Where MFPs fail as a result of the pandemic, it is critical to ensure service continuity and protect small depositors. While often not systemically important from the regulator perspective, MFPs are the backbone of the extended financial services network that reaches those unserved or underserved by conventional banking, especially women. Some MFPs serve a large number of poor customers and MSEs and may be the predominant or sole provider in a region. In this regard, they can be considered “systemic.” Without special targeting, systemic MFPs may not receive the level of supervisory attention necessary to protect poor customers—especially depositors—from the worst effects of institutional failure. Principle 5 addresses the issue of early action and orderly resolution.

Regulation and supervision set key conditions for the nonregulatory (e.g., fiscal) crisis response that targets poor people. Where a framework is adverse it may hamper the distribution of fiscal benefits to the poorest individuals or heighten the risk of exposure to the virus. This scenario arises where social benefits are distributed only through bank branches, when agents are not permitted to stay open during the pandemic, or when unbanked beneficiaries cannot remotely open accounts.4 Moreover, providers may be tempted to use government guarantees to lend to large or medium-size businesses rather than MSEs and poor customers—thereby partly defeating the purpose. Avoiding undesired outcomes requires monitoring by financial authorities of how providers are using fiscal support to reach poor people.

Tailoring relief measures to poor people

Ensuring that poor people are reached is not enough. Certain measures need to be tailored to account for the special profiles and circumstances of poor customers. For instance, it is vital to provide MFPs with the flexibility to define business hours or to change operational procedures (e.g., group meetings, loan approvals, savings withdrawals) during the pandemic, especially for those active in rural or peri-urban areas.

Customized debt relief measures may be necessary. Payment moratoria have often been applied equally across customer segments. While poor people may be covered, they likely are more vulnerable than other borrowers. Some specific vulnerable segments may benefit from blanket moratoria with clear opt-outs that ensure borrowers have a choice.5 Regulators should also consider instituting “full payment holidays,” i.e., moratoria with no interest capitalization or accrual. Another aspect to consider is including in relief programs borrowers who were delinquent even before the crisis. Principle 4 addresses this type of scenario.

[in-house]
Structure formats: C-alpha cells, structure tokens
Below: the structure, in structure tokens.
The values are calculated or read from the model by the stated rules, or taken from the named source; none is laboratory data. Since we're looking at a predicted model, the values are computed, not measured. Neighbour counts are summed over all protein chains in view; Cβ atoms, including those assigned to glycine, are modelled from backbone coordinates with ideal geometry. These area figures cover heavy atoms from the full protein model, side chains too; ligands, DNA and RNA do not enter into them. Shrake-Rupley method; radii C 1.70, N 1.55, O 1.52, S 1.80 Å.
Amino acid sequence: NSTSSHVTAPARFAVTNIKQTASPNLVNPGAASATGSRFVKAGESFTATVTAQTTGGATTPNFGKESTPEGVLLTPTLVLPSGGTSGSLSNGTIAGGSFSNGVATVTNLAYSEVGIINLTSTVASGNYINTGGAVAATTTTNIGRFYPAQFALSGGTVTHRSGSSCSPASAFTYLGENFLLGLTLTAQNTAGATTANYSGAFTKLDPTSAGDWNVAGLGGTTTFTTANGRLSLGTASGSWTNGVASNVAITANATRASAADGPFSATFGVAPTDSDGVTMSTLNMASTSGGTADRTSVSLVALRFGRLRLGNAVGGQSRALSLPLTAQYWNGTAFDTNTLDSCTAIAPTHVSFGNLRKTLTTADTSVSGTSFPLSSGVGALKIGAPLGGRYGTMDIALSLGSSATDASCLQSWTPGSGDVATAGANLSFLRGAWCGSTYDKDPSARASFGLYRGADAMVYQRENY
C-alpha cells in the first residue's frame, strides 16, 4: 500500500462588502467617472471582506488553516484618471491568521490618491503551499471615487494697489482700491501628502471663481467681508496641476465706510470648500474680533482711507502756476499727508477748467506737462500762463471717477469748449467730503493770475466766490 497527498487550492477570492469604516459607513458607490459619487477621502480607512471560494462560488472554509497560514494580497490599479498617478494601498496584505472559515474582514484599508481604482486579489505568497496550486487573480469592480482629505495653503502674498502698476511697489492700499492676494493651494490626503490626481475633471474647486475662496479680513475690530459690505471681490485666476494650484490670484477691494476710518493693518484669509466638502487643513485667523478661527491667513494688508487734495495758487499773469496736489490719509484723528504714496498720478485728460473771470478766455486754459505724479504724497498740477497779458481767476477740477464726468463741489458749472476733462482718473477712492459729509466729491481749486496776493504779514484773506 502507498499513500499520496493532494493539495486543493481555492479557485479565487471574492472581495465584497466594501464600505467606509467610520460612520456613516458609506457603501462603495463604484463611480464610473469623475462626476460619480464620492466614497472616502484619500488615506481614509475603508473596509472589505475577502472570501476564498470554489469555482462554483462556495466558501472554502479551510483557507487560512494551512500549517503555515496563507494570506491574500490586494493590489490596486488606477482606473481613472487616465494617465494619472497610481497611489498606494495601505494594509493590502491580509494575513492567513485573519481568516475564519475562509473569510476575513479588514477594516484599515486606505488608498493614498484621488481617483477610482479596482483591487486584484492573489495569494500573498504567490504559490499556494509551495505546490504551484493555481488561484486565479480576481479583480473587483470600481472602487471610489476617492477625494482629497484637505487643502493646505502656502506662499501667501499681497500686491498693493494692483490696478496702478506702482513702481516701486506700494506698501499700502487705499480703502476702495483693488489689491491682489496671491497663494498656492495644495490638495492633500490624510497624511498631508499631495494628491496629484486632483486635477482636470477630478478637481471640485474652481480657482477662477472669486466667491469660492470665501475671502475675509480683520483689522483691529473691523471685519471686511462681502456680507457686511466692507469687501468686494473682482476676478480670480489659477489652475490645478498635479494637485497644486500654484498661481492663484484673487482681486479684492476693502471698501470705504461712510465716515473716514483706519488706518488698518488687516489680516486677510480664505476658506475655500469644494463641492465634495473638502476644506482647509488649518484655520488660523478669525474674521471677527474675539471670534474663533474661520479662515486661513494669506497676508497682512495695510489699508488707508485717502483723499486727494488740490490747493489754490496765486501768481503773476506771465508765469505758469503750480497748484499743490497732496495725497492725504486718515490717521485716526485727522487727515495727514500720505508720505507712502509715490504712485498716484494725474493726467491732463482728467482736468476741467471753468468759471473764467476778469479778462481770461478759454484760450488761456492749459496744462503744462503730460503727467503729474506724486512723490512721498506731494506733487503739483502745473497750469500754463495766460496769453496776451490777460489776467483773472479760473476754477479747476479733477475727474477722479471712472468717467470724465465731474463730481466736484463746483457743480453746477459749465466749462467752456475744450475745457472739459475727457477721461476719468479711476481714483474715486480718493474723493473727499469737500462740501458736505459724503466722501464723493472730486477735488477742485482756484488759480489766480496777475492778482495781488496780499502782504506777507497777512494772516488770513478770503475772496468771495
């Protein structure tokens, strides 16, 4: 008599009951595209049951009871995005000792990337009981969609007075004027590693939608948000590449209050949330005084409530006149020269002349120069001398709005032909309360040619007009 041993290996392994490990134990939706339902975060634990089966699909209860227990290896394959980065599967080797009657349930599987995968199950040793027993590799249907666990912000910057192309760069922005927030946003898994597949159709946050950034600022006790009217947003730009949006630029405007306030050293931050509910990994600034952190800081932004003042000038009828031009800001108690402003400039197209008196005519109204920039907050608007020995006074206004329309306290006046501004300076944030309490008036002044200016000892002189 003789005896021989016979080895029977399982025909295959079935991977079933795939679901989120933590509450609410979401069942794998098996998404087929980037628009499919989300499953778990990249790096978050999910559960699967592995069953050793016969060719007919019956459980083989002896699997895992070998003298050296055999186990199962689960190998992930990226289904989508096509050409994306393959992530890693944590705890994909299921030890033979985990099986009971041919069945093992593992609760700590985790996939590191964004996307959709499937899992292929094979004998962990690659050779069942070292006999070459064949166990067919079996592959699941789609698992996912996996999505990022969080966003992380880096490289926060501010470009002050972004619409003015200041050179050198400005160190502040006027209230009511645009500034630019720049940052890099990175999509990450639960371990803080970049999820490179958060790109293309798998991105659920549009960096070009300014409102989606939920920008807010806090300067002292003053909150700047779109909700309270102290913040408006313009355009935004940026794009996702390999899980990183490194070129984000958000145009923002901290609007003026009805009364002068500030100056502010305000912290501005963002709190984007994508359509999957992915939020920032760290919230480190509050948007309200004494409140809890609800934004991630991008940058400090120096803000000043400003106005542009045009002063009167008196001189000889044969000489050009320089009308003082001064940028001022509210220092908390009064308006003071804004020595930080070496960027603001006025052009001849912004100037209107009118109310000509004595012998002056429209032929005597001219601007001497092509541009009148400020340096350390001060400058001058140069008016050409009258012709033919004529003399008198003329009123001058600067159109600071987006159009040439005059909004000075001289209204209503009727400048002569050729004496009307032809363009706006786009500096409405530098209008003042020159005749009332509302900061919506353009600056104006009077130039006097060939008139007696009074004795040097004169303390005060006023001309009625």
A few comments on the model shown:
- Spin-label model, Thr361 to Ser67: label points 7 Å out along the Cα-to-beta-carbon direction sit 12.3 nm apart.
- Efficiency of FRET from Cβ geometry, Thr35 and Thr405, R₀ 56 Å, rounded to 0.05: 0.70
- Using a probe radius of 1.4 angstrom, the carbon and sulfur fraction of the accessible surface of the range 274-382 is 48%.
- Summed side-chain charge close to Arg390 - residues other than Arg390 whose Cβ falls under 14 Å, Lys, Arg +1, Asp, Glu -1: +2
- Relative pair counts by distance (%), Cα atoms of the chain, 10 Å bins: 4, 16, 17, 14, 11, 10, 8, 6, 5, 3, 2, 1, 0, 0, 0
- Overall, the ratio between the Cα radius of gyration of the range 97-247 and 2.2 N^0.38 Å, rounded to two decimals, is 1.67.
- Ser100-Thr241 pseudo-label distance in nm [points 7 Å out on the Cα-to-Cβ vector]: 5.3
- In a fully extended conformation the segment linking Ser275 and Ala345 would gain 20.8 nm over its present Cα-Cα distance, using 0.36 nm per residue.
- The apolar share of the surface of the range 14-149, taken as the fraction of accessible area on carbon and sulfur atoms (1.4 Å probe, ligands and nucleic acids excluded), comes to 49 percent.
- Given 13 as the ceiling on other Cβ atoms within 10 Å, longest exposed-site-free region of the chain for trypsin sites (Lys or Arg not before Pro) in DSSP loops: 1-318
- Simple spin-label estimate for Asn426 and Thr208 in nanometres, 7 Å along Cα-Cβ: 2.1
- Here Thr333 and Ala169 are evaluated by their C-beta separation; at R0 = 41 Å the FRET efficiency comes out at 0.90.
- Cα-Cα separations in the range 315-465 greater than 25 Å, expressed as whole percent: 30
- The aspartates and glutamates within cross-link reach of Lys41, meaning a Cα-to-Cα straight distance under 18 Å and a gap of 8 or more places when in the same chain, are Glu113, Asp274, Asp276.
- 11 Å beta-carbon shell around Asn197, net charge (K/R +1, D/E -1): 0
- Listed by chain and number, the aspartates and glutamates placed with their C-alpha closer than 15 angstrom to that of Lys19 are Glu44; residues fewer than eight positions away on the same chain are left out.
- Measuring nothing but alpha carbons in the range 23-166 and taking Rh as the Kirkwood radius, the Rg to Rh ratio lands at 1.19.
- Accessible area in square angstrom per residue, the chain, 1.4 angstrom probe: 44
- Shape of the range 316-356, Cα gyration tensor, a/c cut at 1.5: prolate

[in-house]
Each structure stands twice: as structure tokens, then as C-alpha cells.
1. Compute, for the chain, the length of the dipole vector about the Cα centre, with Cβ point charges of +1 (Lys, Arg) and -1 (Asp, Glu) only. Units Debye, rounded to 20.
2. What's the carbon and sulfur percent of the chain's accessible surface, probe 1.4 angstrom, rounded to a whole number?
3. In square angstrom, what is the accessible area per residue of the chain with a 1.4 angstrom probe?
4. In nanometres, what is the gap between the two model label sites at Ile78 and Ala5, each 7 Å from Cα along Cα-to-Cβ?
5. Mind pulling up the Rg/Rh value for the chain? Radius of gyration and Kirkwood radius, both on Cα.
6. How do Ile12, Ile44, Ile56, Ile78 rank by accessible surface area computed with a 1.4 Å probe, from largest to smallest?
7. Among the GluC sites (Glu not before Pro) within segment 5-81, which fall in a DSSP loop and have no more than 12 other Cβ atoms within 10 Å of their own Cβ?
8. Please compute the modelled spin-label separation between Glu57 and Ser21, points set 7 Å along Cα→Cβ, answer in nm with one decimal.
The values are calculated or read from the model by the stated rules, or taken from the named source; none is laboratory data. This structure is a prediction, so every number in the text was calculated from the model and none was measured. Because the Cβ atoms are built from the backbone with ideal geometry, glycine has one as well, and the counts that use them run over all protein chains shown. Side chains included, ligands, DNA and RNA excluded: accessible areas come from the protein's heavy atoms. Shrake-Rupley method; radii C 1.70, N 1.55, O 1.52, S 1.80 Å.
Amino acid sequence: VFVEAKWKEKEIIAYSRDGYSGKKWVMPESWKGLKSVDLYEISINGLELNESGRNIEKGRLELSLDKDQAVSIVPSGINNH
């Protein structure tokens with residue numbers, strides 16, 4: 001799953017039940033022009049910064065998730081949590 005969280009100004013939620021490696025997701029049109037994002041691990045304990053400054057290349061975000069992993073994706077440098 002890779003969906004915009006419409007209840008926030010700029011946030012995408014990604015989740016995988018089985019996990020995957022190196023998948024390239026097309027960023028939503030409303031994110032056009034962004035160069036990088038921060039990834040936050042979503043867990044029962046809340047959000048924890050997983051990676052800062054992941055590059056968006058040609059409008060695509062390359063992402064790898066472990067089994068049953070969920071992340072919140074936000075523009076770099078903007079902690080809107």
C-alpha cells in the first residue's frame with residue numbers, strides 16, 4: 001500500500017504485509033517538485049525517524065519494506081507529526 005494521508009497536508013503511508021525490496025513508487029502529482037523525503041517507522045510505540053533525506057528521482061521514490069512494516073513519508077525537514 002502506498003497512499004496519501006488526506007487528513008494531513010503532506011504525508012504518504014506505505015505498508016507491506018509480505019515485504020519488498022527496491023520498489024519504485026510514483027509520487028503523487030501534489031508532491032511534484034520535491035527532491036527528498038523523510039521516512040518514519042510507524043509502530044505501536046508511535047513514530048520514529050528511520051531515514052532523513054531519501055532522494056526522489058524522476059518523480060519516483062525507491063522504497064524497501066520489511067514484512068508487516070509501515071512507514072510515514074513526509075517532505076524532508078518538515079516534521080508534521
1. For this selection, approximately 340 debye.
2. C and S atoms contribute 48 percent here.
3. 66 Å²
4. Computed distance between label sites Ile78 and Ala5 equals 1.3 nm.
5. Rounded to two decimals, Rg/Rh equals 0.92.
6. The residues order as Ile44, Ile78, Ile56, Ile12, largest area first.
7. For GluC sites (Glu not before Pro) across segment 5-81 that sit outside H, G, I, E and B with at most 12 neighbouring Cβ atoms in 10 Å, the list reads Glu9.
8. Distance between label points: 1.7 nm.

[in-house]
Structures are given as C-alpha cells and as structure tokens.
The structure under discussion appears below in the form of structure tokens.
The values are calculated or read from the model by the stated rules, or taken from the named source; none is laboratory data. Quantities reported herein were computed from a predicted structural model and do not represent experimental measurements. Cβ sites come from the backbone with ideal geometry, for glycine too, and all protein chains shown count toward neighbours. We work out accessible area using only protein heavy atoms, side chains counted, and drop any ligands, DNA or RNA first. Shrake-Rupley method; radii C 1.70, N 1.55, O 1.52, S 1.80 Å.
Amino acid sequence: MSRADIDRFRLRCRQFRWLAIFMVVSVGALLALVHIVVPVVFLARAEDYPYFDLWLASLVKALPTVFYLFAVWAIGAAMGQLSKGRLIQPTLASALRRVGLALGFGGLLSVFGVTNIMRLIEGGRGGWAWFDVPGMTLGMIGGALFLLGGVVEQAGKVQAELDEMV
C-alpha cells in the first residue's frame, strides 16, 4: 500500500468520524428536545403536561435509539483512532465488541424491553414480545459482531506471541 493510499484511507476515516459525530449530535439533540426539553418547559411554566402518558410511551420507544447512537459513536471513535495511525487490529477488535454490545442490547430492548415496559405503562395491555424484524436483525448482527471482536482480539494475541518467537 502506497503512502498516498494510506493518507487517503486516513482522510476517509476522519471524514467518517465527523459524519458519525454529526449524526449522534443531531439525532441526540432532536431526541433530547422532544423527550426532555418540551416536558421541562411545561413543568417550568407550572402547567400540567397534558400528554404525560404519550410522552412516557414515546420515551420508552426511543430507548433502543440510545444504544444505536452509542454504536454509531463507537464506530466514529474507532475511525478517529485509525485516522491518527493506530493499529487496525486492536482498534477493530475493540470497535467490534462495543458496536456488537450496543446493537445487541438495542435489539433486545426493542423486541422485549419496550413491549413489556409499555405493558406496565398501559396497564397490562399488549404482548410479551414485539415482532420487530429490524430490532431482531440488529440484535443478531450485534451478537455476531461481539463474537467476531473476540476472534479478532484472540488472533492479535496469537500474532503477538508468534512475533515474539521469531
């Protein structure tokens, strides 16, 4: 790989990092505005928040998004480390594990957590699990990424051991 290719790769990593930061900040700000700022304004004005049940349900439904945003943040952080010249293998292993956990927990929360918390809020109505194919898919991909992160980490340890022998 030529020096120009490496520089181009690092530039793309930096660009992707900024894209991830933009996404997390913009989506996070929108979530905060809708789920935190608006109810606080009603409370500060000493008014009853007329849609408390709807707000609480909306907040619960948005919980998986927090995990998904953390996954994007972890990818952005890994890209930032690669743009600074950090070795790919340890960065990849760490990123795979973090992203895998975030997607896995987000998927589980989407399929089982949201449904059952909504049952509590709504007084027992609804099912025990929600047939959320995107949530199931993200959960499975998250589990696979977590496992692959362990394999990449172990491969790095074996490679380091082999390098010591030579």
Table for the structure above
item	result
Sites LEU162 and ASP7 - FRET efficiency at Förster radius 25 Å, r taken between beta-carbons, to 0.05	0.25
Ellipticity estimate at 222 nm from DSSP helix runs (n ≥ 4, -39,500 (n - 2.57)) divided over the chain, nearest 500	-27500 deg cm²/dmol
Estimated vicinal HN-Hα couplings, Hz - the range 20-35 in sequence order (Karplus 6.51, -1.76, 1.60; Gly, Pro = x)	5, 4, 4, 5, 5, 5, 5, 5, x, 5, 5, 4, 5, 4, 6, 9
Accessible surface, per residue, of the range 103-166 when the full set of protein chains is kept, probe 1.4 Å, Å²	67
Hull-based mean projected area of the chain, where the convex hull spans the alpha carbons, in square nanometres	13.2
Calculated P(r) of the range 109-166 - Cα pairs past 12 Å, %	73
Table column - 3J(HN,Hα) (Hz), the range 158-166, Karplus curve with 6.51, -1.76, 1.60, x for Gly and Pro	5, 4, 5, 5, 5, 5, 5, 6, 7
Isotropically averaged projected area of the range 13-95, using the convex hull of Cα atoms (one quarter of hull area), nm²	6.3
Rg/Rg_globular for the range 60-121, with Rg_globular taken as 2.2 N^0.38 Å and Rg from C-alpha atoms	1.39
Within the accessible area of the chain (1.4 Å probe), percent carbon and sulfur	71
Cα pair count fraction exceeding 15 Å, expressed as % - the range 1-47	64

Customer choice: Tailored pro-poor approaches present trade-offs. For instance, it may not be possible to offer customers the choice to continue paying off loans under original loan terms and ensure that those who need immediate debt relief receive it. Requiring customers to apply for relief or make such a choice before receiving a benefit may mean that many do not get it, including those most vulnerable such as women who depend on agricultural livelihoods (Koning, Anderson, and Bin-Humam 2020). To ensure respect for customer choice, moratoria can be applied on an opt-in basis, as in India, Pakistan, Uganda, and many other countries.

In contrast, an opt-out approach prioritizes immediate provision of relief. Peru has allowed lenders to reschedule loans in bulk without the borrower’s prior agreement or knowledge. Borrowers may opt out by contacting their lender. Another rapid relief approach allows MFPs to apply moratoria based on an informal agreement with the borrower (such as via a phone call) and obtain their signature only after the loan has been rescheduled. The Uganda Microfinance Regulatory Authority (UMRA) has adopted this type of policy. Another possible approach would simply apply moratoria to poor borrowers without prior notice and adopt a targeted approach for other clients.

Each option has its benefits and drawbacks. No empirical evidence exists to show which works best for poor people. Customization and targeting could introduce delays. The regulator’s decision should take into account factors such as the urgency of providing relief to certain customer segments; the likelihood of poor customers being aware of and having the ability to apply for a moratorium (e.g., given patchy telecom and transport networks); and their capacity to understand and compare options. Regulators may also exercise flexibility in reviewing and adjusting measures based on the results of early implementation.